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Phuket Business: AMCHAM’s warnings

Legacy Phuket Gazette

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PHUKET: “Caution” was a common theme echoed at the American Chamber of Commerce (AMCHAM) Greater Phuket Chapter’s final meeting of the year, held recently at the Royal Phuket Marina.

The evening featured three informative presentations, courtesy of AMCHAM Thailand’s legal council, which provided a wealth of valuable advice to expat business operators – as well as those considering conducting business here.

The first speaker, Douglas D Mancill, shed light on some of the restrictions and risks associated with Thailand’s Foreign Business Act (FBA). Enacted in 1999, the FBA divides businesses into three categories, he noted.

“The first category comprises businesses that a foreign company simply cannot operate. It is more difficult to obtain a Category Two business license, which requires approval from cabinet. A transport business is an example of a type of business in this category…

“The government is a little more lax in granting category three alien licenses, however,” he said.

Mr Mancill emphasized that the statutes and sanctions of the FBA, “have a lot of teeth”:

“Violations, if imposed in full, can mean up to three years in prison, a million baht fine and a dissolution of the [Thai incorporation of the] business… The Department of Business Development (DBD) has determined that at least 484 businesses have violated the FBA, and are starting to be pro-active and pursue prosecution,” he warned, adding that the Department of Special Investigations (DSI) – the Thai counterpart of the US Federal Bureau Investigations (FBI) – has become more active in monitoring and investigating foreign businesses.

A partner at Bangkok-based law firm, Price Sanond Prabhas & Wynne, Mr Mancill highlighted some of the ambiguities of the FBA, specifically with respect to violations that involve illegal “nominee shareholding”.

Mancill, an American citizen and Thailand expat of 14 years, said that: “The statute that covers this doesn’t use the word ‘nominee’…it refers to aiding and abetting foreigners in operating a business, which is subject to the FBA.”

Mr Mancill went on to explain that legislature in the Kingdom distinguishes between “control” of a company and the actual share ownership. He says the latter is more relevant in the eyes of Thai law.

“What the MoC (Ministry of Commerce) and DBD look at during a registration of a new business is whether the Thai party actually has the ability to purchase their shares. The second thing they look for, is whether the Thai party actually made the investment and paid for the share.They often require a bank statement going back six months for verification.”

Thus, he advised expat business owners, shareholders and/or their respective Thai partners to be especially careful when signing certain documents, which may implicate them in a violation of the FBA.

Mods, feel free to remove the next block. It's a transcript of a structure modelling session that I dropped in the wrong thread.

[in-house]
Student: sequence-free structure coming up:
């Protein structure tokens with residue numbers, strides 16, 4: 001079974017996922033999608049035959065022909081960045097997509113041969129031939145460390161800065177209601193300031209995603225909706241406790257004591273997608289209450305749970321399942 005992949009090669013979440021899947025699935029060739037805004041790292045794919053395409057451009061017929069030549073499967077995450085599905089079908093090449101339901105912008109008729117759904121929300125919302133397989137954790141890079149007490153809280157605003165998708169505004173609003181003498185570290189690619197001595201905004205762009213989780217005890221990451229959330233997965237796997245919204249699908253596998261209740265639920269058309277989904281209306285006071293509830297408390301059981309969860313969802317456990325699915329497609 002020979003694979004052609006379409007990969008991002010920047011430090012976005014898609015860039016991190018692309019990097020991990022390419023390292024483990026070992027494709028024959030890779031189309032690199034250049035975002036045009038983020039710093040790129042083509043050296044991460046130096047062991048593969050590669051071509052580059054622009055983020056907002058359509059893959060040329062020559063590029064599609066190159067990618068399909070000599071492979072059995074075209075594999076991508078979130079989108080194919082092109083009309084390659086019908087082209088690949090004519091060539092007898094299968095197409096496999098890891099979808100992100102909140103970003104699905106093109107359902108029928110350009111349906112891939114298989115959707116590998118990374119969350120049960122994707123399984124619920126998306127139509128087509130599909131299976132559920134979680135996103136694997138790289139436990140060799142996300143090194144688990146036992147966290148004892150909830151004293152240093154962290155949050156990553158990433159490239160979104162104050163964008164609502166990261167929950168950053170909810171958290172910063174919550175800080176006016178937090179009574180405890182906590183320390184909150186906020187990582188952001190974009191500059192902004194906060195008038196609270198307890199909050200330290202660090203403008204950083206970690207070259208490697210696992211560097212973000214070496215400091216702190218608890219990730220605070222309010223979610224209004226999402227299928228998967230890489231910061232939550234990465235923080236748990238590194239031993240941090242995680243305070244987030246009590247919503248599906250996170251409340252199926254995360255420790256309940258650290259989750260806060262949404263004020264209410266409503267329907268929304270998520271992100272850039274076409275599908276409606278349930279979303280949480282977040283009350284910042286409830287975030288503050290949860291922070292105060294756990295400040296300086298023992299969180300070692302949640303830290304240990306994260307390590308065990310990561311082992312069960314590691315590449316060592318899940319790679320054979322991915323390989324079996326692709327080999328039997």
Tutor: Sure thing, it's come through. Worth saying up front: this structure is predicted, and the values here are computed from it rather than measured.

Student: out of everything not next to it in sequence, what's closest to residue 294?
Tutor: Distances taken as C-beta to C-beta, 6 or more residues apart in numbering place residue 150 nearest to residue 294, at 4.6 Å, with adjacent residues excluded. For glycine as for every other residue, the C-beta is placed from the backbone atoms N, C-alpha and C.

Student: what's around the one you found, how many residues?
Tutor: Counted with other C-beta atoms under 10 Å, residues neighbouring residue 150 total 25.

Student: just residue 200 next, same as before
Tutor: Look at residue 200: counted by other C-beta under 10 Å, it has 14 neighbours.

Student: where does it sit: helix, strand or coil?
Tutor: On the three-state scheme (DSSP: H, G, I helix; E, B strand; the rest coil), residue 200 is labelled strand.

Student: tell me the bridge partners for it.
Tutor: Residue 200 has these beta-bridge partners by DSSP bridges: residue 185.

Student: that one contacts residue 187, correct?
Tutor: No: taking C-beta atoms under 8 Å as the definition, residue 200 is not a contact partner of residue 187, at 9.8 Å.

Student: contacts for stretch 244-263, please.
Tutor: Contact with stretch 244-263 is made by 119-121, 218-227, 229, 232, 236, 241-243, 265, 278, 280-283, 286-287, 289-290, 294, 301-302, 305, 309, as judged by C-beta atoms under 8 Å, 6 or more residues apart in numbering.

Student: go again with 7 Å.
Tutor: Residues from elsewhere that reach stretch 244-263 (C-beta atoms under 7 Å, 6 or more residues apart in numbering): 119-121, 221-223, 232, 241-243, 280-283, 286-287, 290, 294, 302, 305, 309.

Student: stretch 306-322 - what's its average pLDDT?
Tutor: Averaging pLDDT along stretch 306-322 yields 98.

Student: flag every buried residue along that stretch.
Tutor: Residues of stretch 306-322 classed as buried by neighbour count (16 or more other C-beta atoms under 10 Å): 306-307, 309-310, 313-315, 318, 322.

Moving on to the Treaty of Amity and Commerce, the long-running bilateral agreement between the USA and Thailand, which provides juristic entities [people doing business] from either country certain exception clauses in the other party’s jurisdiction for trade and business.

“I often get asked when this treaty is going to expire… In order for that [the treaty to expire] to happen, either one of the parties – Thailand or the US – would have to give one year’s notice of their intention to cancel the treaty. This has not happened, and thus the treaty is not due to expire.”

The next speaker, Michael Ramirez, a senior consultant for the Tilleke & Gibbins Dispute Resolution Group, shed some light on trends in anti-corruption laws:

“With corruption, most people tend to think about the public-to-private type, but actually a lot of the corruption cases involve the private-to-private sector.”

He pointed out that Thailand was not one of the signatories of the Organization for Economic Cooperation and Development (OECD) Anti-bribery convention in 1999, which had a total 38 signatories, most of which were Western countries.

However, the country was part of the ADB – OECD Anti-Corruption Initiative, 2010, which involved 28 Asia-Pacific nations, who made a commitment to “criminalize bribing of foreign officials” and “sanction businesses involved in bribery.”

Nonetheless, Michael said that there is gradual progress taking place in curbing corruption in Thailand in respect to the enactment and enforcement of laws.

“When you begin to accept that corruption is part of doing business, then you are in some ways facilitating that corruption,” he concluded.

Finally, Olaf Duensing, co-founder of the legal advisory and services firm Duensing Kippen Ltd, highlighted the importance of including an arbitration clause in business contracts.

Licensed to practice law in Germany and a member of the Chartered Institute of Arbitrators (MCIArb), he has worked as a legal consultant in Thailand for 11 years. Olaf said that it is important to include various details in this clause.

“In addition to the arbitrators, who must be independent and impartial, it is also important to identify the jurisdiction and language that the arbitration will be conducted [in],” he said.

“All parties must agree to the arbitration clause. It cannot be enforced if all parties did not sign to it. However, once signed, you can not back out,” he said.

One important point he made is that parties involved should review and consider any and all relevant laws in the respective jurisdiction, which might impact the award or enforcement of an arbitration decision.

For more information see: Duensing Kippen (duensingkippen.com); Tilleke & Gibbins International (tilleke.com) and Price Sanond Prabhas & Wynne (pricesanond.com).

— Steven Layne

 

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